U.S. Banknote Company's history followed a somewhat similar pattern. By the mid-1970s, it was a subsidiary of GIT Industries, formerly GIT Realty & Mortgage Investors. Partners Morris Weissman and Stanley Kreitman took GIT private, and in 1981, they and another partner bought the whole company. U.S. Banknote continued engraving and printing stock and bond certificates, added food stamps for the U.S. Department of Agriculture, and received a patent for a new way to place tax stamps on cigarette packs in a carton.
The company also experimented with holography, developing the Holoprint in 1982. U.S. Banknote claimed their technique retained more of the image's color and clarity under poor light, and was better than conventional 3-D holographic images.
In 1986 Weissman and Kreitman liquidated and dissolved GIT and concentrated on security printing. U.S. Banknote Company L.P. became a separate entity, which the two men privately owned and managed. They continued to move the company into related markets, including the annual printing of 700 million federal government payroll checks, and the printing of currency for the Dominican Republic and the Seychelles. With the 1989 purchase of the Los Angeles-based Security Printing Division of Jeffries Banknote Company, U.S. Banknote owned four printing facilities and was the largest security printer in North America, with 1988 revenues of $60 million.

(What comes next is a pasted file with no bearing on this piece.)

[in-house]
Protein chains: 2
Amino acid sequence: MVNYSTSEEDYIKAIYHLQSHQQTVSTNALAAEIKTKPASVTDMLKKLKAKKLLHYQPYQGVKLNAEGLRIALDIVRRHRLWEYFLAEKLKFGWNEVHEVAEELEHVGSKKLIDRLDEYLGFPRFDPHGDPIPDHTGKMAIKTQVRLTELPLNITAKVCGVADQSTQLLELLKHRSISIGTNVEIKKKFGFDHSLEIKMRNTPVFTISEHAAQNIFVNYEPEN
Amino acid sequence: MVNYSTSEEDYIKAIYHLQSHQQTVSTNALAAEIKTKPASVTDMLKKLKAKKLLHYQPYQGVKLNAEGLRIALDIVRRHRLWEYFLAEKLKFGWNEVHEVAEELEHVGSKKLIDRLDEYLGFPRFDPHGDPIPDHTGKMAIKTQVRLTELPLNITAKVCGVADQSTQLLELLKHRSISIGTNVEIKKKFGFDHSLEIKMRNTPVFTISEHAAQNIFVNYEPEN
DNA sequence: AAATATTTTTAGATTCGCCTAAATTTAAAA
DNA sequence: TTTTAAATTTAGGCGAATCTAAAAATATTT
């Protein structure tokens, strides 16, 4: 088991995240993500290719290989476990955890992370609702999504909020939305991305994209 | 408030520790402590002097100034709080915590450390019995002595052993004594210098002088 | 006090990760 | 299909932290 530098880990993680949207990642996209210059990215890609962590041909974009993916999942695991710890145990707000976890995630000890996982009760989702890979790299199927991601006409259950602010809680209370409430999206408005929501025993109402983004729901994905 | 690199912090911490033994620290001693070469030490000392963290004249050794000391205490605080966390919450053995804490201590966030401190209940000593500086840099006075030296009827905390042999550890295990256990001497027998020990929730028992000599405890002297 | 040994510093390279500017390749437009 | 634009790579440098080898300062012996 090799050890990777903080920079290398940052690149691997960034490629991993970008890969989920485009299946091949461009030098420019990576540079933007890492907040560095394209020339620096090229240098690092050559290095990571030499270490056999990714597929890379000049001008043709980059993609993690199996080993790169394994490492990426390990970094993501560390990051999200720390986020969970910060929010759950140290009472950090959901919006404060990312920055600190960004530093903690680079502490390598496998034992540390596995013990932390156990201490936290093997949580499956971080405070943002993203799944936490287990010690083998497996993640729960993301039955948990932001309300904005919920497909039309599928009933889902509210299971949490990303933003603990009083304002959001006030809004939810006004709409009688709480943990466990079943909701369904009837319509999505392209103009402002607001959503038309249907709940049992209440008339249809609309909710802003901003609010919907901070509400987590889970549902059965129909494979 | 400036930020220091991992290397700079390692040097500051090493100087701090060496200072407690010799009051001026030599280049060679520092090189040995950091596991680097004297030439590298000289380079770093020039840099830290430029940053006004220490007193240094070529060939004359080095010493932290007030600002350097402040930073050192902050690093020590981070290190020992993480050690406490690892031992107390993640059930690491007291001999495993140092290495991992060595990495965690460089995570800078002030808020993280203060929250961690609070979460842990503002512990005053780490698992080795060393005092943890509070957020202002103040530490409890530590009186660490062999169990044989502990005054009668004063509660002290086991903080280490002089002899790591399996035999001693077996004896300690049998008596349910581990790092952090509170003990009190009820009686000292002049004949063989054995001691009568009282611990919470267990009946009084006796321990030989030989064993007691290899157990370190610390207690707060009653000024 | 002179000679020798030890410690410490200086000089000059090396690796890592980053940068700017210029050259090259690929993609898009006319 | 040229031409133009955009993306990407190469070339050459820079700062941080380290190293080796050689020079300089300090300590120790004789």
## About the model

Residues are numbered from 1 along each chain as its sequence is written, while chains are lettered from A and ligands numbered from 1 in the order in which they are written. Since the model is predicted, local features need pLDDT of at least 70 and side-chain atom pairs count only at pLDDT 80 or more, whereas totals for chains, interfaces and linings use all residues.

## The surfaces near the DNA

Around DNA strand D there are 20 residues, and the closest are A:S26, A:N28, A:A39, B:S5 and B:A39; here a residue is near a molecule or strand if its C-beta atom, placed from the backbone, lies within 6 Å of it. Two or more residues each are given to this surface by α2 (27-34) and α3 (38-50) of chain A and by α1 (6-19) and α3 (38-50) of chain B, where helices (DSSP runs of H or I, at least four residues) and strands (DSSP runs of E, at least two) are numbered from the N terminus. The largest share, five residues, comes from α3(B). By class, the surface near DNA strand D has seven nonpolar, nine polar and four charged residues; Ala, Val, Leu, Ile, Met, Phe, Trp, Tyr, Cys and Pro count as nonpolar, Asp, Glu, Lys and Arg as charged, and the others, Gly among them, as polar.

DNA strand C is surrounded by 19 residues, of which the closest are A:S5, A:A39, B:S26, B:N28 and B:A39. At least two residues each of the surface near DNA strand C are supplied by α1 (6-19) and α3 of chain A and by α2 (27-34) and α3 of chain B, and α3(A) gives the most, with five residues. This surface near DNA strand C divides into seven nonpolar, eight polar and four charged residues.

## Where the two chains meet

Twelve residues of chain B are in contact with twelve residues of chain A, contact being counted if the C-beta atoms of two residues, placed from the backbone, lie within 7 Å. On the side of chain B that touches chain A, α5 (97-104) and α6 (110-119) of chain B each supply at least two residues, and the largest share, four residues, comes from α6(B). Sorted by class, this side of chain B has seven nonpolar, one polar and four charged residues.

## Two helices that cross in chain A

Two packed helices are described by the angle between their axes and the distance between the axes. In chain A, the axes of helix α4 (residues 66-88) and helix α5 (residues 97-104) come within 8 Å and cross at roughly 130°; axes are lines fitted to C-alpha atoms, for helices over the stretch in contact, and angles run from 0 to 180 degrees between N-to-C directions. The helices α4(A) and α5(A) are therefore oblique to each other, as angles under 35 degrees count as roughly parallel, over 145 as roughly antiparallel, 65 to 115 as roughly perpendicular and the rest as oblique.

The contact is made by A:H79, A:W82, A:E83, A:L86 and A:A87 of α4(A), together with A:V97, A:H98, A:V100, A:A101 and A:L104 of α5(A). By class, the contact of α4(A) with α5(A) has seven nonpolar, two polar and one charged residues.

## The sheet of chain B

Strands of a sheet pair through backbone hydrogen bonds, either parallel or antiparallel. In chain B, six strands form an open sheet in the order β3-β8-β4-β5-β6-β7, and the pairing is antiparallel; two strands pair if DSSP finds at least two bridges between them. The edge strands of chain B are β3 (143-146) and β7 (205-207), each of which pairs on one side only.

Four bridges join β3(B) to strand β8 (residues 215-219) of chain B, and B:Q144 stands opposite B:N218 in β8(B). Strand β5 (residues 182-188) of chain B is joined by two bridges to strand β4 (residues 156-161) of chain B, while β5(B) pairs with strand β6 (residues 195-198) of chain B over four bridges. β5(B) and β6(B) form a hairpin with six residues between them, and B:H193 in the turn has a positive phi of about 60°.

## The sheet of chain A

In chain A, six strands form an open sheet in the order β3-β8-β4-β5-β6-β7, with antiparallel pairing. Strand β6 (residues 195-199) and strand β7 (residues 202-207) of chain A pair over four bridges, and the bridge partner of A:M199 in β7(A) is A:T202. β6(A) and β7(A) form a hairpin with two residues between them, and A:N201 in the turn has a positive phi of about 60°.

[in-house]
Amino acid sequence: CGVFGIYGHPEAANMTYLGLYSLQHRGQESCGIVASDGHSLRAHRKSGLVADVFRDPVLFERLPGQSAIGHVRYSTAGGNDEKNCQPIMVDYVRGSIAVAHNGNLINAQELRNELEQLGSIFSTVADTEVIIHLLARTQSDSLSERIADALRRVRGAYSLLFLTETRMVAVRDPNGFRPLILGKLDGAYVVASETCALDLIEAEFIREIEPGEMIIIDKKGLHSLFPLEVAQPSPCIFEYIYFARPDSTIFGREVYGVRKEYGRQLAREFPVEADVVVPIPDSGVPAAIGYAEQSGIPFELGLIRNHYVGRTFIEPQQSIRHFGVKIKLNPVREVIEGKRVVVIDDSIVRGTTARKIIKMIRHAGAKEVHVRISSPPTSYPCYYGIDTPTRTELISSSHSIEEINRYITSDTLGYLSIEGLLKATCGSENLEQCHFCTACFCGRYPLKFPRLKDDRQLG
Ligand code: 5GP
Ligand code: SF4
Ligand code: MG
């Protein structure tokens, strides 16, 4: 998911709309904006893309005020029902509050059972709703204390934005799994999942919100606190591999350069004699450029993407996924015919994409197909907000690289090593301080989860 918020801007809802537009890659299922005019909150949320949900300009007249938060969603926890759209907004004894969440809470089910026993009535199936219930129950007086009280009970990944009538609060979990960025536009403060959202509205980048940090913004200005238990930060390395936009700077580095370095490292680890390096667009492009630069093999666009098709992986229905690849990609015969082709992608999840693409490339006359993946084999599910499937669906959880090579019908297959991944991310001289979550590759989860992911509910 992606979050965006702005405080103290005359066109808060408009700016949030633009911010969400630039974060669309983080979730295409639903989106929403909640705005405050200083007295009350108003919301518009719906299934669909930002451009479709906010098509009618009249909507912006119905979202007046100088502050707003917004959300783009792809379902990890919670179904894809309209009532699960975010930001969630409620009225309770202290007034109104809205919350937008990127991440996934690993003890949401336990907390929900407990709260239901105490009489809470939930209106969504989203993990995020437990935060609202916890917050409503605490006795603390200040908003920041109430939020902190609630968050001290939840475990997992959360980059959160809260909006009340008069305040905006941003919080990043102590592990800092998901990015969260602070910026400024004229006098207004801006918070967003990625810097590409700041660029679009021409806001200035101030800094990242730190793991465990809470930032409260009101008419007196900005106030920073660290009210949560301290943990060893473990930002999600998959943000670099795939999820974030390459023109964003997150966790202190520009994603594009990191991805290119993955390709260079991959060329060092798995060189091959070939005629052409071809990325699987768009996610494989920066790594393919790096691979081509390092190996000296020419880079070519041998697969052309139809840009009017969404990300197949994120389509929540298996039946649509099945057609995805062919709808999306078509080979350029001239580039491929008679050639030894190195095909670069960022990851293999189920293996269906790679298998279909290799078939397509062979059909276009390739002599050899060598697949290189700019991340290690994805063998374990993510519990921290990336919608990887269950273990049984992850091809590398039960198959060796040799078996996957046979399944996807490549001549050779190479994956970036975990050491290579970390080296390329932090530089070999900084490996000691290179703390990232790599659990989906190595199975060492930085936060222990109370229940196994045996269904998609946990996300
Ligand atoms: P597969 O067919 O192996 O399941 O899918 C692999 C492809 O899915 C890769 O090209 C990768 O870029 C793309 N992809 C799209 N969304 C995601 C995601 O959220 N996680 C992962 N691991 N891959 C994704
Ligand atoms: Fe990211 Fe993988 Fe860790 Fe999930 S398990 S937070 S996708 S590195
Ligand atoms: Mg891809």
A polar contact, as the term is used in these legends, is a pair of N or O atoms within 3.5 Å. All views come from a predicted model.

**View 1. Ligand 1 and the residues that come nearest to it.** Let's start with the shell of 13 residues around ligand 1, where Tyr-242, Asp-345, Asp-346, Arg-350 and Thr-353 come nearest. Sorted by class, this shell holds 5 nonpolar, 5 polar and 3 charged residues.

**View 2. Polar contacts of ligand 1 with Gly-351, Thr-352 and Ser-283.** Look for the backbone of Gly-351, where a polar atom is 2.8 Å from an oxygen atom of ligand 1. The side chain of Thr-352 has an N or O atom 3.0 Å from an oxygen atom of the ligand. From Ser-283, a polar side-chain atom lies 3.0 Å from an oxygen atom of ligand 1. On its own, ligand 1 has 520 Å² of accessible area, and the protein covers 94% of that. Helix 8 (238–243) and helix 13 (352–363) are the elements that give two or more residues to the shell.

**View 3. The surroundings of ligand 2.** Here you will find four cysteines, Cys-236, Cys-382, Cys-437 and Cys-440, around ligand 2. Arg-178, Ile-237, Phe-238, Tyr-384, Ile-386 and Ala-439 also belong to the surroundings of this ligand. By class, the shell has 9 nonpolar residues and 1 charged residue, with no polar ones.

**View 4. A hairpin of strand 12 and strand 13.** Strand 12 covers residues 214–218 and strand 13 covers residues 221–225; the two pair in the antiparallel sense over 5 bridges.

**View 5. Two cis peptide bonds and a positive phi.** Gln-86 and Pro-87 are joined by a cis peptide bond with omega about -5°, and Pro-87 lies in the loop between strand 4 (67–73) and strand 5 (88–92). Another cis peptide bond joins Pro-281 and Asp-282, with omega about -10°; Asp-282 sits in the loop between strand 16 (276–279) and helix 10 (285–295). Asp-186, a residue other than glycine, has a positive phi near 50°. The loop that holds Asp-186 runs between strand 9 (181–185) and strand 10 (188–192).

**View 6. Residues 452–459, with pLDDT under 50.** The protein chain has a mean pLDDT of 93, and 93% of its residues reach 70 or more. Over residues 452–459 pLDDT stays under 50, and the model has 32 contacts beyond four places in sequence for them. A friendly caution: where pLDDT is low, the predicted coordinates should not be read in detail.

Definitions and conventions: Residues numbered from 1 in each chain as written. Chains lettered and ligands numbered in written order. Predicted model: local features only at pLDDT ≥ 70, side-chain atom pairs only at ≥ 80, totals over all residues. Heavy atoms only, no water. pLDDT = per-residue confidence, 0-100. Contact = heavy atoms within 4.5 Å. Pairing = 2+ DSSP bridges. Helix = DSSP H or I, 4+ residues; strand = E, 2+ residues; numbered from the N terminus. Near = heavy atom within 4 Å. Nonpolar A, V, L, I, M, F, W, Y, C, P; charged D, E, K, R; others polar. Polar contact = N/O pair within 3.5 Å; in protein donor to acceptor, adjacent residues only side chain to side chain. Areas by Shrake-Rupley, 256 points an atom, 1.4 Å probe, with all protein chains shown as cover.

New Company Emerging: 1989-90
In 1989 a proxy fight for control of International Banknote's board was averted when International agreed to merge with U.S. Banknote for $104 million. To avoid an antitrust challenge, U.S. Banknote created Banknote Corp. of America, Inc., which it sold to the French security printing firm François-Charles Oberthur Group. This move gave Oberthur entry into the U.S. market, providing some competition for the new giant.
The merger was completed in 1990, creating the United States Banknote Corporation, the second largest security printer in the world, and the only publicly held one in the United States.